Two Western Shore Chesapeake Bay Towns Join Forces to Fight the Effects of Climate Change 

Local Spotlight 

by Kristen E. Humphrey, MLA, Local Assistance and Training Planner 

Due to the growing effects of climate change, many coastal areas around the country and world are facing problems exacerbated by sea level rise and intensified weather patterns. These include larger and more severe storms, and high tides which cause our cities, towns, as well as agricultural, forested, and natural areas to flood more frequently. 

Figure 1 – photo courtesy of Town of North Beach.

Some of the anticipated consequences affecting coastal areas include property damage, surface and groundwater resource contamination, and the negative impacts on recreational opportunities and wildlife habitats.  With roughly 3,190 miles of shoreline1, Maryland is no exception. “For coastal Maryland towns, the future means dealing aggressively with flood risks,” says Lauren Kabler, North Beach Town Council Member.

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The New Decade Means New Comprehensive Plans

Local Spotlight

by Joseph Griffiths, AICP, Local Assistance and Training Manager

Many jurisdictions coordinate the development of new comprehensive plans with the arrival of decennial census data. Census data is a foundation of comprehensive planning, providing a snapshot of Maryland communities, outlining growth trends, and distinguishing key demographic indicators.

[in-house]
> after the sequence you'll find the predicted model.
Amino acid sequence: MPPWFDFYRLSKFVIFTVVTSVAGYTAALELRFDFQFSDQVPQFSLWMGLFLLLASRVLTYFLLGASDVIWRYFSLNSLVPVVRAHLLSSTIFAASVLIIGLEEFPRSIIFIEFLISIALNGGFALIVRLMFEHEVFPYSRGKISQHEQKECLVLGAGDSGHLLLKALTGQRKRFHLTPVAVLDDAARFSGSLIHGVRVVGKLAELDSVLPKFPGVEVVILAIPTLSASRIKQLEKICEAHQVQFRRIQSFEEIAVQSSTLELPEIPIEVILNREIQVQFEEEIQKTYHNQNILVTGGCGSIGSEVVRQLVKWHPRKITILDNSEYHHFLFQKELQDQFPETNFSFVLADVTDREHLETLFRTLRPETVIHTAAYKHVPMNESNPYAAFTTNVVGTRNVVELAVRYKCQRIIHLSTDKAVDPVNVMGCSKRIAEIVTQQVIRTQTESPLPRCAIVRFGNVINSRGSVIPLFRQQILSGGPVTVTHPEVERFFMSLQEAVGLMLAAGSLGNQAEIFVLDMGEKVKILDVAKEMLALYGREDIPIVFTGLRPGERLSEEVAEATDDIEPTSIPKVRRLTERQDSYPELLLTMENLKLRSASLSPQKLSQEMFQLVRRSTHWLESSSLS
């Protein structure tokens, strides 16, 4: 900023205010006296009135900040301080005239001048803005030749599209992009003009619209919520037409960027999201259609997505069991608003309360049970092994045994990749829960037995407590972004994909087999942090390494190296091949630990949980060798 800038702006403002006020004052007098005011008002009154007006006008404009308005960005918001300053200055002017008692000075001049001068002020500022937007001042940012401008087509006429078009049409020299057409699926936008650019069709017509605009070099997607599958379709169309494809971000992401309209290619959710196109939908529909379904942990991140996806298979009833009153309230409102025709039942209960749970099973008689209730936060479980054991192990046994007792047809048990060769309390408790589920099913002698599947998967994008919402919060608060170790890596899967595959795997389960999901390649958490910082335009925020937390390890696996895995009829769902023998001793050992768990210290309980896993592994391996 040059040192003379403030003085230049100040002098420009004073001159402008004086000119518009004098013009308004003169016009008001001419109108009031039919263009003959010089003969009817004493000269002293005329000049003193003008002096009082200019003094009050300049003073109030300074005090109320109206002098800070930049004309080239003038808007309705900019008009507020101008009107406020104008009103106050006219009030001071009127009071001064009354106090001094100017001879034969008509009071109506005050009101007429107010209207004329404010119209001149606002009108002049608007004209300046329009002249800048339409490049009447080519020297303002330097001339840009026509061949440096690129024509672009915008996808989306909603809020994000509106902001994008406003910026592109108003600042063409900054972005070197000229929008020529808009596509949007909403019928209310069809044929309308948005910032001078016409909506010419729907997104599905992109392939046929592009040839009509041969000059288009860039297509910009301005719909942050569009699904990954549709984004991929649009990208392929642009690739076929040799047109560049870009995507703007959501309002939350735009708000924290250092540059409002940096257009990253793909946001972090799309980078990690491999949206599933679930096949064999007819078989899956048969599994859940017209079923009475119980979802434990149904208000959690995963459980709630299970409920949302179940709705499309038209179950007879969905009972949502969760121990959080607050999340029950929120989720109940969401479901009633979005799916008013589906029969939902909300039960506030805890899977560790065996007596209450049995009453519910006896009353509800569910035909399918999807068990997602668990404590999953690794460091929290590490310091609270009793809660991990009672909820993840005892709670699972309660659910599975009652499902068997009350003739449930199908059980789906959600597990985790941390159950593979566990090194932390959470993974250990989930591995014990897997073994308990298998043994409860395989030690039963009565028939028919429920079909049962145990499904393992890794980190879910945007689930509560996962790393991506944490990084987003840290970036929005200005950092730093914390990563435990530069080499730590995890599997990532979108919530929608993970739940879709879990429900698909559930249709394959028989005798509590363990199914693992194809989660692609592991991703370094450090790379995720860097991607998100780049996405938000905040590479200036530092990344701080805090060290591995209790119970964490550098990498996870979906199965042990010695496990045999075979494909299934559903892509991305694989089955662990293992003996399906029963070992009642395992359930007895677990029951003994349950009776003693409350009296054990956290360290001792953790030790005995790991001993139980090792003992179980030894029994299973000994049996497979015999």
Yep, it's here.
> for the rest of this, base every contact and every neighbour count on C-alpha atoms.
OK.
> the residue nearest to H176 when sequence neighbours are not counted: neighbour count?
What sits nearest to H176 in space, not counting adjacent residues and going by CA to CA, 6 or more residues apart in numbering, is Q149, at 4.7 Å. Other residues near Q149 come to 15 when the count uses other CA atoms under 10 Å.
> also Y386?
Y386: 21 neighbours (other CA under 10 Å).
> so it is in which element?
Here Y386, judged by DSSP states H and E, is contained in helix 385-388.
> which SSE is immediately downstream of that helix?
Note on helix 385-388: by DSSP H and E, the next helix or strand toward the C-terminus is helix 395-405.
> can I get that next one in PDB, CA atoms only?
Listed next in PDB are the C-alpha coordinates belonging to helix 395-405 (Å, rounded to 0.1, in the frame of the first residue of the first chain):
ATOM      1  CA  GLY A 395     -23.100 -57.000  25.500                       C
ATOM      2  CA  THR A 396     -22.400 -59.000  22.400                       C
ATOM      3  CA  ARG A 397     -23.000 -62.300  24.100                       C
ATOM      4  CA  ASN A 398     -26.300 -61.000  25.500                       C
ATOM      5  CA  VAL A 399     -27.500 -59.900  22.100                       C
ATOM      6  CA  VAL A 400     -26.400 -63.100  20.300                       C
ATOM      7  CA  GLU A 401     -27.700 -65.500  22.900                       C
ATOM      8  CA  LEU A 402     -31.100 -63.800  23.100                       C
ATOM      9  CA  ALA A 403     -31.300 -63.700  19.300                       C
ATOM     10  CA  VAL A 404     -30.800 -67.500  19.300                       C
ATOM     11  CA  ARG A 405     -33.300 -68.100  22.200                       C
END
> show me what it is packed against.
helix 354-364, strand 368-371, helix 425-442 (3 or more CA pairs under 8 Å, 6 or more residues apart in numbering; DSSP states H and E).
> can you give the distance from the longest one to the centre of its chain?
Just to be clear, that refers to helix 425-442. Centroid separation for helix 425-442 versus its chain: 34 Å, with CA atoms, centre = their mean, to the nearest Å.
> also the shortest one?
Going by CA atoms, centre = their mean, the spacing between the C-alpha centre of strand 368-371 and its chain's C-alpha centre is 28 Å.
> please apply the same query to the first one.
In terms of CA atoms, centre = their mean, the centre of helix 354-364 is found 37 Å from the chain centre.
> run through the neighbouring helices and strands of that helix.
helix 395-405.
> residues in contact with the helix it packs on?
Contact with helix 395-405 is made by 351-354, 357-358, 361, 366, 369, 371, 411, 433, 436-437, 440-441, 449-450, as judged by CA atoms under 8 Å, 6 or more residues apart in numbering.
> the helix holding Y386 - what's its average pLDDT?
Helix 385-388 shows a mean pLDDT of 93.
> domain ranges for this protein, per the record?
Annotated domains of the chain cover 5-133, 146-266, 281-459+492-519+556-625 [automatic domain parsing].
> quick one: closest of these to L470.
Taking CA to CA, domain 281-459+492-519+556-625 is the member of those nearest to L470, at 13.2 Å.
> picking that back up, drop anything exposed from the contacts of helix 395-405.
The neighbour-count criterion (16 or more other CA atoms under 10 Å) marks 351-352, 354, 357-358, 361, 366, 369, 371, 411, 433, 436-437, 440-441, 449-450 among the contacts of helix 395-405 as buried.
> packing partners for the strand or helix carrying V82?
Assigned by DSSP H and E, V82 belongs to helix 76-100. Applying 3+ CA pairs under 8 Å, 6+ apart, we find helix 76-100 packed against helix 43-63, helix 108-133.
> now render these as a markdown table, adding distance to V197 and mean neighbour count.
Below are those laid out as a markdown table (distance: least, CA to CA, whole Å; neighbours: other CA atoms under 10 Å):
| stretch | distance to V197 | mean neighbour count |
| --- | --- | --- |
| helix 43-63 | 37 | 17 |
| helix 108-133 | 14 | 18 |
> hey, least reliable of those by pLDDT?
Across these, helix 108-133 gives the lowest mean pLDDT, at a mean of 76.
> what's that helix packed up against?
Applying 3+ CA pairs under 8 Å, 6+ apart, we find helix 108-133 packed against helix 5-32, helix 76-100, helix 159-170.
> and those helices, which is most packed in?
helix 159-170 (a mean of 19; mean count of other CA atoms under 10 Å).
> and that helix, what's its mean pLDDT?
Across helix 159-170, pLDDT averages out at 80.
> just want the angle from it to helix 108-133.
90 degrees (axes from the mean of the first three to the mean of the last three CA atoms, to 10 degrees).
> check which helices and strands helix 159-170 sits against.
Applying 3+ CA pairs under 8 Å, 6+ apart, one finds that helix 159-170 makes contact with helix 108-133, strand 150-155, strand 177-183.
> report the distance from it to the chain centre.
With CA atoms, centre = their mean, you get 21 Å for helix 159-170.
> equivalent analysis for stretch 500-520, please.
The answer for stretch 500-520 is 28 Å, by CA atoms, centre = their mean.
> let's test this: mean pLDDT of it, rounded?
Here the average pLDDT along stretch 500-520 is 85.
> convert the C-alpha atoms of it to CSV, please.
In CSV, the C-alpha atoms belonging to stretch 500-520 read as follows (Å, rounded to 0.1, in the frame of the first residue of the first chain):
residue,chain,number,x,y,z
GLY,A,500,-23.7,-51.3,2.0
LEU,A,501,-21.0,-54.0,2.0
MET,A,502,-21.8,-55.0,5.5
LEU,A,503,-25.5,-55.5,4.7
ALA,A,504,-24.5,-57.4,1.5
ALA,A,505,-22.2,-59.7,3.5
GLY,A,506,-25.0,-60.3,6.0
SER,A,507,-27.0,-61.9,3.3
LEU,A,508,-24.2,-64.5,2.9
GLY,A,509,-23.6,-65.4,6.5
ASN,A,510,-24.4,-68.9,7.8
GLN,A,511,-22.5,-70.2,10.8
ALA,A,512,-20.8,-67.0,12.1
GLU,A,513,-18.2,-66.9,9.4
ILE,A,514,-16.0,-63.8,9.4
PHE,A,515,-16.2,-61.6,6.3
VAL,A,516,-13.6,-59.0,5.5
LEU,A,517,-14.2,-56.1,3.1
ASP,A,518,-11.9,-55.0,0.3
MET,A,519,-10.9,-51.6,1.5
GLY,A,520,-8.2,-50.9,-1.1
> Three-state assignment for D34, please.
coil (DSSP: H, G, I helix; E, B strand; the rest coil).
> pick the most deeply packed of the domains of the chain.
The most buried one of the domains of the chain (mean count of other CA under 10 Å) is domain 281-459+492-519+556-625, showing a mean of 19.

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The New Decade Means New Comprehensive Plans

Local Spotlight 

by Joe Griffiths, AICP, Local Assistance and Training Planner

Many jurisdictions coordinate the development of new comprehensive plans with the arrival of decennial census data. Census data is a foundation of comprehensive planning, providing a snapshot of Maryland communities, outlining growth trends, and distinguishing key demographic indicators.  

In 2013, House Bill 409 increased the review period of a local jurisdiction’s comprehensive plan cycle to 10 years, instead of six years. To learn more about the 10-year cycle and when your jurisdiction’s review is due, please visit the Maryland Department of Planning’s (Planning) Comprehensive Plan 10-Year Review Cycle webpage.   

As the lead agency for both the Maryland Census 2020 efforts and the 60-day review of comprehensive plans and their amendments, Planning is steeped in this topic. And while the 2020 Census data will not be published until later in 2021, many communities have already started their update, visioning, and community engagement processes.   

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The New Decade Means New Comprehensive Plans

Local Spotlight 

by Joseph Griffiths, AICP, Local Assistance and Training Manager

Many jurisdictions coordinate the development of new comprehensive plans with the arrival of decennial census data. Census data is a foundation of comprehensive planning, providing a snapshot of Maryland communities, outlining growth trends, and distinguishing key demographic indicators. 

In 2013, House Bill 409 increased the review period of a local jurisdiction’s comprehensive plan cycle to 10 years, instead of six years. To learn more about the 10-year cycle and when your jurisdiction’s review is due, please visit the Maryland Department of Planning’s (Planning) Comprehensive Plan 10-Year Review Cycle webpage.  

Continue reading

The New Decade Means New Comprehensive Plans

Local Spotlight 

by Joseph Griffiths, Local Assistance and Training Manager

Many jurisdictions coordinate the development of new comprehensive plans with the arrival of decennial census data. Census data is a foundation of comprehensive planning; providing a snapshot of Maryland communities, outlining growth trends, and distinguishing key demographic indicators.  

Continue reading